We sometimes use a basic moisture meter to ensure we aren’t over-watering or after heavy rains.
You can use a simple finger method as well.
Every few days, stick your finger about 2″ in the soil to see if it’s moist.
Unlike when we grow potatoes in 5 gallon buckets, our planters are larger — several feet tall — and we don’t see the water coming out the bottom.
If you use smaller planters, you should be able to tell if water comes out the bottom.
Be sure position your planters so they receive 6 – 8 hours of sun per day.
If you already have large, heavy planters on your property, plant potatoes in the ones that will be in the sun 6 – 8 hours.
How to grow potatoes in pots
Once you have your potatoes planted, and you see the potato plants coming out of the soil, be sure to leave them alone.
Do not help them break through the soil.
It’s important they do this on their own. This makes them stronger.
Leave room at the top of the planter
Remember, when you are planting potatoes in planters, don’t fill the soil all the way to the top.
You will need room to add more soil as the potato plants grow.
As stated above, as the potato plants grow taller, you will add dirt to “hill” them.
By doing this, you will be able to grow more potatoes.
Hilling potatoes in planters
When your potato plants are about 6 – 7 inches tall, (approximately 16 cm) you will want to add more soil to the planter.
Being careful not to break any of the stems, add more soil and compost, covering some of the leaves and stems.
Cover approximately one third of the plants.
As your potato plants get taller, repeat this process until the soil reaches the top of the planter.
You want to leave enough room so you can water without loosing dirt.
Harvesting potatoes in planters
How do you know when your potatoes are ready to harvest?
You will know your potatoes are read to harvest from your planters and containers when the plants flower.
The potatoes are ready but will continue to grow larger if you leave them after the potato plants flower.
Potato plants yellow and brown leaves
When growing potatoes in a pot, it’s best to wait until the tubers mature fully before harvesting them.
When the leaves turn yellow and brown, and the plants begin to wilt and droop, the potatoes are finished growing.
This is the ideal time to harvest the potatoes.
It’s like digging for buried treasure!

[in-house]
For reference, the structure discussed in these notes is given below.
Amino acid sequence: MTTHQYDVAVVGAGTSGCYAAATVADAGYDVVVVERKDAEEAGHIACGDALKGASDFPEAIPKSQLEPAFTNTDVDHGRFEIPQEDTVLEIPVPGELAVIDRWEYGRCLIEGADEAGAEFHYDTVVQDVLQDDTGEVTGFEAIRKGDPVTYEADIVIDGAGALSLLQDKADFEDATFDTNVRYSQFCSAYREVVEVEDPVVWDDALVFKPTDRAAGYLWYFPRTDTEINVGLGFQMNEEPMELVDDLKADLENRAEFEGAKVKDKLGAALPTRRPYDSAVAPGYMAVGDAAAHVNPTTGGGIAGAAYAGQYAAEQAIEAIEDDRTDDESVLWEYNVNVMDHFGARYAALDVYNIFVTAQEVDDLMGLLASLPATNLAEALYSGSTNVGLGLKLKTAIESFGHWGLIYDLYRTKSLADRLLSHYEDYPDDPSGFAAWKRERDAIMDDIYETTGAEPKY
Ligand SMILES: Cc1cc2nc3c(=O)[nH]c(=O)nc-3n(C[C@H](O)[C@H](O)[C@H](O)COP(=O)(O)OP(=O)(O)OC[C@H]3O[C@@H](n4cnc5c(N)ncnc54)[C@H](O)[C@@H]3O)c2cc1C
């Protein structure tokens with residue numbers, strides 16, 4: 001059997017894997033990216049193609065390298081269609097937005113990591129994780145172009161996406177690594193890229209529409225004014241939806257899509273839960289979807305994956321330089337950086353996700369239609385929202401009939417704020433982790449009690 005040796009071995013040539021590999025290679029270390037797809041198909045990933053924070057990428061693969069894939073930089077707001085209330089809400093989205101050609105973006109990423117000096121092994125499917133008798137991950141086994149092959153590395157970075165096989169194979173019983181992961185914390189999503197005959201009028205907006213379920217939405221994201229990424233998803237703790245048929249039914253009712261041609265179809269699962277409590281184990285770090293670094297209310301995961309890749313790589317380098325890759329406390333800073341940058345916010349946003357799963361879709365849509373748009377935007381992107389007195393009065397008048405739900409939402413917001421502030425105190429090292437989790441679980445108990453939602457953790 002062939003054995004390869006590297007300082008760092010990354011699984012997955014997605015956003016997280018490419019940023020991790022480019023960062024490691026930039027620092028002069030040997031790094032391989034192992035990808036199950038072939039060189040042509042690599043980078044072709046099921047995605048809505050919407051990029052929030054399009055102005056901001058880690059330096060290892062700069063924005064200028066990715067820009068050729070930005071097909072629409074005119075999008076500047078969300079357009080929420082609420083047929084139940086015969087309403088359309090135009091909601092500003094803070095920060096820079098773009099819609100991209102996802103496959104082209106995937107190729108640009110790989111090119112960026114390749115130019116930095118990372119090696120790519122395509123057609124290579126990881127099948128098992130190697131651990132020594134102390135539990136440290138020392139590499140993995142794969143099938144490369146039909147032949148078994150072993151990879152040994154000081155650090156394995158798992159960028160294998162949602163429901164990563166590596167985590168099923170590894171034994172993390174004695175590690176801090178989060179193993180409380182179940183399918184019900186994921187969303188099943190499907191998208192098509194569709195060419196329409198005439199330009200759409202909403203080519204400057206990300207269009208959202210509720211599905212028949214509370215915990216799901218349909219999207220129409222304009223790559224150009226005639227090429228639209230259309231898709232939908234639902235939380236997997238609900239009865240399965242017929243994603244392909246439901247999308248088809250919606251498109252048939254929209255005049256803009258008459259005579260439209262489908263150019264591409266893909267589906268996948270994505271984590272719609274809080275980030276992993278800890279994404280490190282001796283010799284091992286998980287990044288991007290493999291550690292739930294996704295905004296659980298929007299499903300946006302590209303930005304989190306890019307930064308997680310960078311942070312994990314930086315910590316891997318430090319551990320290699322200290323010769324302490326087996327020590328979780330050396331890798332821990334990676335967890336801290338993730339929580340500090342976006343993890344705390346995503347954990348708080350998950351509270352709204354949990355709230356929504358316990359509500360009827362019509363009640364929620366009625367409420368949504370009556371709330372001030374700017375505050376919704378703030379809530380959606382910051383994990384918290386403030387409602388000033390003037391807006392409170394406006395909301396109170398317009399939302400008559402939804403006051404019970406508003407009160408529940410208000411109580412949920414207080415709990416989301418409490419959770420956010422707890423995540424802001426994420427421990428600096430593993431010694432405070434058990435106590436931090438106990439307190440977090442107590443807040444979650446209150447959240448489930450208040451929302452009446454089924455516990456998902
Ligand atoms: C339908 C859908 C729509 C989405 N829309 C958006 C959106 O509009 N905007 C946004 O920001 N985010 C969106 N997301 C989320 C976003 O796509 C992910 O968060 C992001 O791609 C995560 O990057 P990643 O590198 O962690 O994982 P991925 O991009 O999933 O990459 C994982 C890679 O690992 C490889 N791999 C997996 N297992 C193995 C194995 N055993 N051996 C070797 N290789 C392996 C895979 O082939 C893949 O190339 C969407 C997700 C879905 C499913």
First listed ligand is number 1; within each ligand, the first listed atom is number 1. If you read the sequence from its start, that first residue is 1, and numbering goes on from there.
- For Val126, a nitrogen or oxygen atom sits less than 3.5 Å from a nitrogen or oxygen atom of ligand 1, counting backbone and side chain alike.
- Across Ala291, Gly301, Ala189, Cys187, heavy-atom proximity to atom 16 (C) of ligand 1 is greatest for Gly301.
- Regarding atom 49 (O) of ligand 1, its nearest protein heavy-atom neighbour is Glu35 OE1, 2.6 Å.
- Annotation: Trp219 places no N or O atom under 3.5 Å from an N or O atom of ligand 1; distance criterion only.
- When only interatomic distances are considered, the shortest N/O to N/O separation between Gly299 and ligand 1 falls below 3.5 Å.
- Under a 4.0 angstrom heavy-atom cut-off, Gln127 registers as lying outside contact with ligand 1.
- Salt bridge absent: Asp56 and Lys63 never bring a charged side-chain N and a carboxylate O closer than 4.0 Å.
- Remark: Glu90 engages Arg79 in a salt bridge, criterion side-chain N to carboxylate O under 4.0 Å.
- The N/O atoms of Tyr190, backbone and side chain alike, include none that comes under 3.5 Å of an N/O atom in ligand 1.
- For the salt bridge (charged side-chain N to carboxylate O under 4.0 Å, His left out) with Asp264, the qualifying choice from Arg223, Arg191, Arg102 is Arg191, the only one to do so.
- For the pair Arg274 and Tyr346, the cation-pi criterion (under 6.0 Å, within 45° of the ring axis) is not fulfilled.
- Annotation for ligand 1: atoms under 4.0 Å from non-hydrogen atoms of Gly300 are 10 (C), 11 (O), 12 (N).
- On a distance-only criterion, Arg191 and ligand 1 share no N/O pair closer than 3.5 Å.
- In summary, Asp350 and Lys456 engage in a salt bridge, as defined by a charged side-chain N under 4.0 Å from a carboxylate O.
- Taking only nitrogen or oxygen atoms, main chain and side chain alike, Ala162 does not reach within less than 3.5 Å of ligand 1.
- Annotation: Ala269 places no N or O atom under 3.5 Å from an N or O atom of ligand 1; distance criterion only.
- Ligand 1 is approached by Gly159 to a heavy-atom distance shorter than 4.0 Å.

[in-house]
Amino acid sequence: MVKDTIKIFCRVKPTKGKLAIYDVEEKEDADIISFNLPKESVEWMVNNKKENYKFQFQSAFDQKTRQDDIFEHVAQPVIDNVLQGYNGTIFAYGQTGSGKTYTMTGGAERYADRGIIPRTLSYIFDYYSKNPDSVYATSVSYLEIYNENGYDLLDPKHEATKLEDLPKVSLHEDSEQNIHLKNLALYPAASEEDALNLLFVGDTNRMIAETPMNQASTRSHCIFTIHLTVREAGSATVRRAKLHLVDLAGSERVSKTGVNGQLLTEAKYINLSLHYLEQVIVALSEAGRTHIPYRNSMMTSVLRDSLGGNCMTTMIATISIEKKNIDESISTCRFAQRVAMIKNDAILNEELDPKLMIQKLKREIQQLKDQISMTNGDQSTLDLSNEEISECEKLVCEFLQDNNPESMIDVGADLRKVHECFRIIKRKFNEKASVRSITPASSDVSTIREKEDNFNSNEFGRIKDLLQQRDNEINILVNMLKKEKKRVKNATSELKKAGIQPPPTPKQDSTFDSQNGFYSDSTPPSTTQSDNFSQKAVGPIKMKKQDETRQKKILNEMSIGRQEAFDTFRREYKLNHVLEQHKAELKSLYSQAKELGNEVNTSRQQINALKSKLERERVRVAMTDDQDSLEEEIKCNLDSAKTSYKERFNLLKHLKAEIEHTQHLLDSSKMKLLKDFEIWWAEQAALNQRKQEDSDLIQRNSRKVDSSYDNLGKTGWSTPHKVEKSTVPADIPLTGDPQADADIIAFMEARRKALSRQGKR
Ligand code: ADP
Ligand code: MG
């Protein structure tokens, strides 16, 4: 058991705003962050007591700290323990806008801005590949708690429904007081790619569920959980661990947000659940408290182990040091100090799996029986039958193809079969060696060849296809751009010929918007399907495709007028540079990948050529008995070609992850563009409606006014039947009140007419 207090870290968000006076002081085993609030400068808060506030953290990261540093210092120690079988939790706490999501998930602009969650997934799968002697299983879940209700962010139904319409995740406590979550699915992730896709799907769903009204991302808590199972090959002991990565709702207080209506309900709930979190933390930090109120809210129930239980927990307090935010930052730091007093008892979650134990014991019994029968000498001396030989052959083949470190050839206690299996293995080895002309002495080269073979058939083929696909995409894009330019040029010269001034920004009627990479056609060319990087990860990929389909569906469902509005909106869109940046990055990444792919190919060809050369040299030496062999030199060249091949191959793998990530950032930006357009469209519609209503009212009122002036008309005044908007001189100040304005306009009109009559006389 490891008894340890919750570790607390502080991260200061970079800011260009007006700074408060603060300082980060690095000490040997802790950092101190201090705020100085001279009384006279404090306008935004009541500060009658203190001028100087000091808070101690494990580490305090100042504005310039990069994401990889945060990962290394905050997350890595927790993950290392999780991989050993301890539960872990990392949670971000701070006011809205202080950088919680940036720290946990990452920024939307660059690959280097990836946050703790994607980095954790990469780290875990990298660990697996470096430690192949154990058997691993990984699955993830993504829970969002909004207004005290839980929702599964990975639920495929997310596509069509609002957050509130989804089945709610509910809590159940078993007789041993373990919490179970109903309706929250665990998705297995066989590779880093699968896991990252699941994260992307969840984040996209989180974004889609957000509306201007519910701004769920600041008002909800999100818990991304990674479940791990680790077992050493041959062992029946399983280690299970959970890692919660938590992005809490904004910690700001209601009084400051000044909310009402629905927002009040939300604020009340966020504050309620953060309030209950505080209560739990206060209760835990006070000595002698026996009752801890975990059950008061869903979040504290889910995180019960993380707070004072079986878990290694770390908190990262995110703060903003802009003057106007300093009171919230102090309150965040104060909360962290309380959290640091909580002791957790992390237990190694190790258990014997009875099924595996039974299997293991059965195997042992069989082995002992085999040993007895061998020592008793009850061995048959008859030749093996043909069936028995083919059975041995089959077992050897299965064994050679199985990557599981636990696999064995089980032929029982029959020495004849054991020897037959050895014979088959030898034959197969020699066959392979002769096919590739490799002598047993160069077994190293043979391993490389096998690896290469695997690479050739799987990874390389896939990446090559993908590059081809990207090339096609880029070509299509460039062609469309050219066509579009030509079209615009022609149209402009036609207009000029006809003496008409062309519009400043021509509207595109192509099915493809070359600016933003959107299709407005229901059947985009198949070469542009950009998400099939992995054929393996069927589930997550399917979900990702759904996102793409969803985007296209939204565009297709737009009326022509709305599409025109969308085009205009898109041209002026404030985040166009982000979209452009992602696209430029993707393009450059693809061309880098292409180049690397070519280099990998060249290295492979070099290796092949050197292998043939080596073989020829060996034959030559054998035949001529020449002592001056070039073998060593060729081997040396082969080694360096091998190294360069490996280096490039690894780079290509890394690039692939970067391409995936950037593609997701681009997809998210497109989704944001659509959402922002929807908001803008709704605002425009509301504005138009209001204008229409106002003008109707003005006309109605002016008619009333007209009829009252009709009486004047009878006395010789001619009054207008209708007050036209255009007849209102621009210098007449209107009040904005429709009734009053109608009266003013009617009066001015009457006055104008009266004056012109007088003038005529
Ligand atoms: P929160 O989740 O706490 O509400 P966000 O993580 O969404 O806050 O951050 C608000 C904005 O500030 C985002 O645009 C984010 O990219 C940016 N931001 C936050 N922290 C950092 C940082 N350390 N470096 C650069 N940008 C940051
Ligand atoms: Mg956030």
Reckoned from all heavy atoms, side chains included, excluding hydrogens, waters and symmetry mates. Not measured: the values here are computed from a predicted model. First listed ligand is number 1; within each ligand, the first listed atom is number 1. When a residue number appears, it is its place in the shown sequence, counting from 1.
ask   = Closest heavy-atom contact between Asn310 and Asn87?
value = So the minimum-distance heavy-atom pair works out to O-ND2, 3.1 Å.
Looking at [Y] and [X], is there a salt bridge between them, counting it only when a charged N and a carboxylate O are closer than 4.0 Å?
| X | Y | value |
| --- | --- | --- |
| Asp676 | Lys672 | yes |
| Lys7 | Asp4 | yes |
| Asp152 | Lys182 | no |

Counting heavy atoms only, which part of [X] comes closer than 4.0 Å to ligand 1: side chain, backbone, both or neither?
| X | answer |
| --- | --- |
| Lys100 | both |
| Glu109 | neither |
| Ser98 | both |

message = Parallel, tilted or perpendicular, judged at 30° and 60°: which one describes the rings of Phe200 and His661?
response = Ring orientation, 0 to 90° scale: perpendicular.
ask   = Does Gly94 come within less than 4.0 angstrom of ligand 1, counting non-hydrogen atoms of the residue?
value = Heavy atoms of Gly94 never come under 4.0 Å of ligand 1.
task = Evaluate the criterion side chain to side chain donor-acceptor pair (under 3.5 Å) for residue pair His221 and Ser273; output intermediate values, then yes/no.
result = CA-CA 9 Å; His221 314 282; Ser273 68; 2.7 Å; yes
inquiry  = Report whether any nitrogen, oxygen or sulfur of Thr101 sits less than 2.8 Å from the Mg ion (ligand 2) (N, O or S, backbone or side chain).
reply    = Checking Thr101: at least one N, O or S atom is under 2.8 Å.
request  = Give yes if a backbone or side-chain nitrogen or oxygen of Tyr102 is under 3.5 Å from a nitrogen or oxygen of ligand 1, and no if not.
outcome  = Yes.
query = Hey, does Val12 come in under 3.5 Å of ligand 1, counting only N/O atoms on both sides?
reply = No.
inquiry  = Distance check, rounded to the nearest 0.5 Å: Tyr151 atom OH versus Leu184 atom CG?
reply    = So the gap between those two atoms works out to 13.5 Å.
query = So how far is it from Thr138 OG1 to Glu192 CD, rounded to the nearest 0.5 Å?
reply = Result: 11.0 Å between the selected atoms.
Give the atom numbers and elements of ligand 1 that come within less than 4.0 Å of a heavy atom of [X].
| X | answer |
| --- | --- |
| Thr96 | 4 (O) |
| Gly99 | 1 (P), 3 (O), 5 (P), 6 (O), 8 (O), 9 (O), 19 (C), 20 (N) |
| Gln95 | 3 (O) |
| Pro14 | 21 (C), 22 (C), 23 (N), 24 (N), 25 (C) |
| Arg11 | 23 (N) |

If you have children or grandchildren, they will enjoy this process.
It’s fun for adults too!
Simply use your hands to gently pick the potatoes. You don’t need special tools.
Curing homegrown potatoes
We eat our potatoes within a week or so, but if you plan to store the potatoes long term, it’s best to cure them first.
To cure potatoes, set them on newspaper in a dark, well-ventilated area for two weeks.
The temperature should be between 45 – 60 degrees in an area with high humidity.
After this, you can store your potatoes for 4 – 6 months.
Because we are growing potatoes in planters — we get about 10 – 12 per pot — we are excited to eat them right away.
Therefore, we do not cure them.
Growing potatoes in planters
It’s a wonderful feeling to be able to grow your own food.
Growing potatoes in pots and planters is an easy way to do this without needing garden space.
Advantages to growing potatoes in pots
You don’t need a lot of space, making it ideal for balconies, decks, entryways.
You will have less chance for insects by planting them in planters than if you planted potatoes in the ground.
In addition, you won’t have to worry about rodents and other animals getting into your potatoes.
You will likely have less weeds in a planter than in a garden or garden bed.
Easy to harvest the potatoes
You will be sure to harvest all the potatoes and won’t have to bend down as far if you planted them in the ground.
Free up garden space
Growing potatoes in planters means you can plant other vegetables, herbs, flowers, etc. in your garden.
Fun to grow with kids
Kids will love planting potatoes, watering them, watching as they grow taller, and finally, harvesting them!
What are the best potatoes for planting in planters?
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There are hundreds of varieties of potatoes.
They can tolerate a mild frost in early spring.
You can be successful growing most any sprouting potato when you plant during the right season… spring in most areas.
If you are interested in finding out which potatoes will grow best in planters in your area, it’s important to consider the season in which you will be planting them.
This will take more time and effort because you likely won’t be using grocery store potatoes.
You should consider buying seed potatoes from a nursery who can instruct you on what will be best for your season and climate.
This is because it helps to know if the potatoes are early season, medium season, or late season.
They are categorized by when to plant them and how long they take to mature.
Early season potatoes
Mature within 75 – 90 days
Yukon gold is one example, and you can easily find them in the supermarket.
These potatoes mature between 95 – 110 days. You can plant these toward the middle of your summer.
In the United States, this is considered to be the end of July.
Late season potatoes
You should plant late season potatoes in the late summer into autumn.
These potato varieties mature in 120 – 135 days.
Knowing what potatoes to plant will help you be successful growing potatoes in planters.
How to grow potatoes in a pot
Planter potatoes are fun and easy to grow.
They are low maintenance.
Once you have the planter, potatoes, and soil, you are ready to start.
Large planters and pots make great potato growing containers. They don’t take up a lot of space, and you will find it easy to grow your own food.
Planters surround patios, balconies, decks, entryways, and gardens. People think of them for flowers, native plants, tomato plants, and herbs.
However, we love planting potatoes in pots because they are low maintenance, grow quickly and require little upkeep.